I remember many of my friends who graduated from college and immediately went on a spending spree. If you have a full-time steady job, you probably have more discretionary income than at any point in your life and it’s tempting to inflate your lifestyle. However, it’s in your best interest to continue living like a college student. Buying a new car, expensive outfits or even buying a house does not make you an adult! Like I said above, if your expenses exceed your income, you’ve got a problem. You’re young and saving for the future may be the furthest thing from your mind, but this is the best time to start saving and investing. The magic of compounding works if you give it time, which is why it is important to start early.
I was talking to a friend, who is in her 30’s about investing, and she said that her mom handles that for her! And, no, her mother is not an investment advisor. Maybe you don’t have an interest in investing, but it’s in your best interest to learn about it. No one will care more about your money than you do, plus it is something that is important for your future financial health, so you might as well learn about it now. How do you expect to save enough to retire if you don’t have a basic understanding of investing? Living below your means and saving is important, but it is not enough! You want to make your money work for you. Stuffing it underneath your mattress won’t earn you anything. Neither will putting all of it in a savings account earning less than 1%. Spend a few hours learning about investing by reading the Bogleheads website or JL Collins’ stock investing series.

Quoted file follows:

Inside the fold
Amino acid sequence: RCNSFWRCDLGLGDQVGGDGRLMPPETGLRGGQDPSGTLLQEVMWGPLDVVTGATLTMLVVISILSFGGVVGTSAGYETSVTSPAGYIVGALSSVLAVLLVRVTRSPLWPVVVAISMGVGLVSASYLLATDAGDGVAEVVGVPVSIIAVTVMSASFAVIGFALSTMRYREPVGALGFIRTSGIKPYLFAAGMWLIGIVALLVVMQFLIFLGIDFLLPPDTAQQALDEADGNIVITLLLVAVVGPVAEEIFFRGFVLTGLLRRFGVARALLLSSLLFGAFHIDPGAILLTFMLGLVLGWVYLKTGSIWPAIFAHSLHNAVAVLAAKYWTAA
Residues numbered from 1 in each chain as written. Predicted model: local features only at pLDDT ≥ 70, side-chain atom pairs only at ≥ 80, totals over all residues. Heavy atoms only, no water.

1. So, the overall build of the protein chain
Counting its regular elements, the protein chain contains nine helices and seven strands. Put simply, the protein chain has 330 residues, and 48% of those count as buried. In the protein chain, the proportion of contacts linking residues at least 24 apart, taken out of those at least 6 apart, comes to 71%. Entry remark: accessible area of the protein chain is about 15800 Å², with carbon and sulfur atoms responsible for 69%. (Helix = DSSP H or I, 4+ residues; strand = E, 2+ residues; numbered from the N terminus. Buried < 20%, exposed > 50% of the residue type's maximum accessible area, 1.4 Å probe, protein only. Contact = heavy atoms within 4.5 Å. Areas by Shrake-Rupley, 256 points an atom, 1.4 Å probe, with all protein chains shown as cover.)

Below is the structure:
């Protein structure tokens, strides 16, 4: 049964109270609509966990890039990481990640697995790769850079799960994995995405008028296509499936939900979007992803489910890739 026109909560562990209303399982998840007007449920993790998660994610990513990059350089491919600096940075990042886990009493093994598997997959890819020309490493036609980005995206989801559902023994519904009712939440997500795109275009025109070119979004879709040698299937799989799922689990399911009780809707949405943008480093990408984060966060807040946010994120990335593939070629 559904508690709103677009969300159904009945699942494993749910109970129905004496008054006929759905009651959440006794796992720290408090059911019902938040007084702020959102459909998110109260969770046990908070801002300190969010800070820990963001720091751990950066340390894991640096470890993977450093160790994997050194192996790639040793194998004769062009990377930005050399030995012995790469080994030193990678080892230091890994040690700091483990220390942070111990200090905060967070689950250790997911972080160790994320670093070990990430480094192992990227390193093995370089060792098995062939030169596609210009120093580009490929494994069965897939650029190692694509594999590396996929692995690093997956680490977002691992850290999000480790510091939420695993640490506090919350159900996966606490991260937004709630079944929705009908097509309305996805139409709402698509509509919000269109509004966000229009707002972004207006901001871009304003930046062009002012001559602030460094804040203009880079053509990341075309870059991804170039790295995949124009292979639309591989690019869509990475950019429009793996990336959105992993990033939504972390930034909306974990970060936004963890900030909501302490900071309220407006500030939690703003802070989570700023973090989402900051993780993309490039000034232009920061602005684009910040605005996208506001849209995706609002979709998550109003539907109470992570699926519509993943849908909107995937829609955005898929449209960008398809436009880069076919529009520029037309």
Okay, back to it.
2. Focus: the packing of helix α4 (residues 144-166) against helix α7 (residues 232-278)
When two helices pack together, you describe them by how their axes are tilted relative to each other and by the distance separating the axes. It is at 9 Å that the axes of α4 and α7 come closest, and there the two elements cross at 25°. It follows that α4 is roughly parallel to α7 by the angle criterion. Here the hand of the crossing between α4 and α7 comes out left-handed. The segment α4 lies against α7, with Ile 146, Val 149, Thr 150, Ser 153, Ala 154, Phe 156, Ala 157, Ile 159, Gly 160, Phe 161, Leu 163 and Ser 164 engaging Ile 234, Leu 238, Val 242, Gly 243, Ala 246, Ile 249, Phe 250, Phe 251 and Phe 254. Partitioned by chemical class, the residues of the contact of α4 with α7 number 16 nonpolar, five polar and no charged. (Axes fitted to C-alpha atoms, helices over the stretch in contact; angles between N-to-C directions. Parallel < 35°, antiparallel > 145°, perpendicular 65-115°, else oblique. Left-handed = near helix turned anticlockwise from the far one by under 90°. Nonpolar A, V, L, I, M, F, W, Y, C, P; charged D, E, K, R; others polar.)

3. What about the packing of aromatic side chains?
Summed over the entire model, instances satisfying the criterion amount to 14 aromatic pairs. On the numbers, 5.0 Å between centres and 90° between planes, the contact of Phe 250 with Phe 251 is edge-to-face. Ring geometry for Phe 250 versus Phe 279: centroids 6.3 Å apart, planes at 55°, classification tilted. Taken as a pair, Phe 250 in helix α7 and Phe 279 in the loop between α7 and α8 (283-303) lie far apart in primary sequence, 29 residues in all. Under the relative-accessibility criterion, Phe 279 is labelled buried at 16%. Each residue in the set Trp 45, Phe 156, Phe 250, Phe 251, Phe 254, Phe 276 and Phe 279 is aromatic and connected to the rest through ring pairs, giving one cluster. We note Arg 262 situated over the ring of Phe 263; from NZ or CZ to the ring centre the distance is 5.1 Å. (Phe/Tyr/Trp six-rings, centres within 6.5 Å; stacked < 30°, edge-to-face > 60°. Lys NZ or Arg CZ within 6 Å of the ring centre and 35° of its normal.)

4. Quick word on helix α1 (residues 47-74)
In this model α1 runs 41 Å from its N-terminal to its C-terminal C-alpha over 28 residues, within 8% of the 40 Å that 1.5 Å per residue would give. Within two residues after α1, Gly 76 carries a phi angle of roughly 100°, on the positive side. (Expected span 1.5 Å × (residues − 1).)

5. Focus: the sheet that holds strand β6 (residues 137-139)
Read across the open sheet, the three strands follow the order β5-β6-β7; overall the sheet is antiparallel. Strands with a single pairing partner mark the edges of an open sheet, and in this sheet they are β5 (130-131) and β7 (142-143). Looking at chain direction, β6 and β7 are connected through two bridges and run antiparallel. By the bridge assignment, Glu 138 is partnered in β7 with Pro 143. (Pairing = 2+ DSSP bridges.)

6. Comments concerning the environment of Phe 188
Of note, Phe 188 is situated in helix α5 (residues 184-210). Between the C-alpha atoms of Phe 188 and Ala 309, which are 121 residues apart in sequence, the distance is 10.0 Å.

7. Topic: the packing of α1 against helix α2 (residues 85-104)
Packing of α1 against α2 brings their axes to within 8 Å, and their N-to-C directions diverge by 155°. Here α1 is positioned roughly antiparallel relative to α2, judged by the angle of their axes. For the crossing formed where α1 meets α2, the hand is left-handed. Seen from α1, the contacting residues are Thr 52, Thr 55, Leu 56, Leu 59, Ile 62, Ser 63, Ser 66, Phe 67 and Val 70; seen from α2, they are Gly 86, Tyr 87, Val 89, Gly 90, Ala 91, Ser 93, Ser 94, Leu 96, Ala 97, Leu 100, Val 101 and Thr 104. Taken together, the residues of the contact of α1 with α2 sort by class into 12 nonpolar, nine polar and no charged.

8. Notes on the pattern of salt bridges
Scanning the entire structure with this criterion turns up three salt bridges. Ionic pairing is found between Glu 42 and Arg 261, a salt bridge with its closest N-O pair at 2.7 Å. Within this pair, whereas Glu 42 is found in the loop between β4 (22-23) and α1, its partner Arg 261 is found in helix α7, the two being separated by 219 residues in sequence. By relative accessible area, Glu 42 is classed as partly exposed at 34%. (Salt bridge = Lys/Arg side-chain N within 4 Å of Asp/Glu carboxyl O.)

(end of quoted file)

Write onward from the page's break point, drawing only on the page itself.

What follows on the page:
Quick Tip: When it comes to paying bills and investing/saving, make it automatic. It makes life easier. When it comes to bills, you won’t worry about late payments. As to investing and saving, it’s a great way to pay yourself first so you avoid the temptation of spending it. It is also a great way to get into the habit of saving and investing. However, make sure to review your statements to make sure everything is correct.
Wait, I thought we were only talking about finances? Cooking is an important life skill, and it can also save you a lot of money. Cooking your own food at home is not only more affordable, but it is healthier. Cooking is not rocket science, if I can do it, pretty much anyone can too.
Just because you’re out of college, doesn’t mean you should stop learning. Learning life skills is important, but so is learning skills that will help you advance in your career. Learning new skills is very convenient as you can do it online using Coursera or Udemy. For certain courses, you may be able to receive a certification as well.
You’re already working a full-time job, who wants another job? Maybe you want to earn some extra cash to build up your savings or pay off debt. Employees are expendable these days so it’s a good idea to have another source of income. Also, having a side hustle might feed your entrepreneurial spirit or passion and possibly replace your full-time income. Having a side job is a lot more flexible nowadays and often will not require you to take a job with set hours. Here’s a list from The College Investor of 50 ways to make a side income. You can also check out a few more ideas from David Carlson who runs the blog Young Adult Money as well as his book Hustle Away Debt: Eliminate Your Debt by Making More Money.
What other financial skills should young adults learn as they transition into adulthood?